Heather V. Auld, MD, on Identifying the Cause of Your Pain
According to a study by the Mayo Clinic, about 70 percent of Americans regularly take prescription drugs. Half of Americans were found to be taking two, and 20 percent five or more. In fact, it’s been said that we live in an age when there is a pill for every ill. But Heather V. Auld, MD, an OB/GYN and integrative medicine specialist with Lee Health and a Diplomate of the American Board of Integrative Medicine® (ABOIM®), hopes to change the current trend.
“There’s no pill that’s ever going to take the place of taking care of yourself,” she says. “When it comes to how you feel, you need to consider what you’re eating.”
Inflammation is the root cause of all chronic health problems, she says, and to reduce inflammation we need to adopt a proper diet – more specifically, an anti-inflammatory diet.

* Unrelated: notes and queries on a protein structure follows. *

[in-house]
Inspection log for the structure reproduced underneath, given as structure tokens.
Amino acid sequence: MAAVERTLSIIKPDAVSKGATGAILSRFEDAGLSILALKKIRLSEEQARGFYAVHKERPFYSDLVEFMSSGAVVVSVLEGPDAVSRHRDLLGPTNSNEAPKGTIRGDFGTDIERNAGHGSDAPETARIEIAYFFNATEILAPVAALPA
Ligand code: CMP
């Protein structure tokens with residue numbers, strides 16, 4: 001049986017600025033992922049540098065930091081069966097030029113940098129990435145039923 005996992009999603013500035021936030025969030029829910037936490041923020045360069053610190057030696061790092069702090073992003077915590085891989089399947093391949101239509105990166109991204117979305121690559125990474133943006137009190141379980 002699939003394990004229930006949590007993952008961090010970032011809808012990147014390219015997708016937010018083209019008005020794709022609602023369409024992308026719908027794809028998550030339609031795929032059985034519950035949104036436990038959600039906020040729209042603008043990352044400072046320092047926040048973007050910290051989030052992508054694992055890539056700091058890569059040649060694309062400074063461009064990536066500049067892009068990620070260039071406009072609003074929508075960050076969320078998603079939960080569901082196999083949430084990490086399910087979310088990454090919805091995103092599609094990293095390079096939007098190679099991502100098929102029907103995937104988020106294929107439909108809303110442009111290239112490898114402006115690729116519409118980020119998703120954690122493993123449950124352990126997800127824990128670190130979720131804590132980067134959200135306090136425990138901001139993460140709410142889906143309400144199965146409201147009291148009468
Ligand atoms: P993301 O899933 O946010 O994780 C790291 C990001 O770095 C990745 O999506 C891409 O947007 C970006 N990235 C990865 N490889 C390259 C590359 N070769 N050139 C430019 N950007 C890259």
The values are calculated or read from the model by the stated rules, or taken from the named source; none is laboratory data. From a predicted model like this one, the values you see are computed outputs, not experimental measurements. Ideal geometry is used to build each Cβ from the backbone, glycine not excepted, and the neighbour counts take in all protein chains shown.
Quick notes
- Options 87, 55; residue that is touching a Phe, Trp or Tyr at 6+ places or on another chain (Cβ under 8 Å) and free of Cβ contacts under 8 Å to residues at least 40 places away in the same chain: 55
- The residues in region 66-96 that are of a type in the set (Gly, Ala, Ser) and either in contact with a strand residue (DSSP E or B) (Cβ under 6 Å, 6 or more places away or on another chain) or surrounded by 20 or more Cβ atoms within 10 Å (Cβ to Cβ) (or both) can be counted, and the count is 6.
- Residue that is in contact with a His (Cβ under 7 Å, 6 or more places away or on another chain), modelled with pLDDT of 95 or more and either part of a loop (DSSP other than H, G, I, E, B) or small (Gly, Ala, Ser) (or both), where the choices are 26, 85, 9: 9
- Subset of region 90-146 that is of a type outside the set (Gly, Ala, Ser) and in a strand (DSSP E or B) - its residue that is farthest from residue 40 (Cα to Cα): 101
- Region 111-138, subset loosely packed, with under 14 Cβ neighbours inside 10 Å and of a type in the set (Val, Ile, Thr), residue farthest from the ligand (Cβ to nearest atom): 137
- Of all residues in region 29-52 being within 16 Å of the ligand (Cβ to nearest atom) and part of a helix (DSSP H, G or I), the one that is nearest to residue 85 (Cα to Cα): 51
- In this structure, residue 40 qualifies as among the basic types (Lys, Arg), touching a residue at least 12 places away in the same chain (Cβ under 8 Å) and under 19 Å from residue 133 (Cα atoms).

An anti-inflammatory diet consists of real food, Dr. Auld says. That means we should avoid processed foods, packaged foods, fast foods, and soda. Instead, we should eat foods like wild-caught fish, flax seeds, and chia seeds, all of which are high in essential omega-3 fatty acids.
While there are many sources of pain besides chronic inflammation – trauma and stress, for example – progressive muscle relaxation is an easy technique we can use to treat our pain. Massage therapy, which helps us to relax, is also beneficial, Dr. Auld says.
For joint pain, injuries, and pain after surgery, we can also consider cupping. Dr. Auld describes cupping as a technique that separates the tissue layers and increases the blood flow and “allows your body to naturally remove inflammatory processes.”
An integrative medicine practitioner, like Dr. Auld and her fellow ABOIM Diplomates, can tell you whether diet changes, massage therapy, cupping, or even acupuncture, would be the best treatment for managing or reducing the specific pain you’re experiencing.
The ABOIM is a Member Board of the American Board of Physician Specialties® (ABPS), which fully supports the efforts of its Diplomates to raise awareness about the healing benefits of complementary and alternative therapies.
For information about the ABOIM, contact the ABPS today.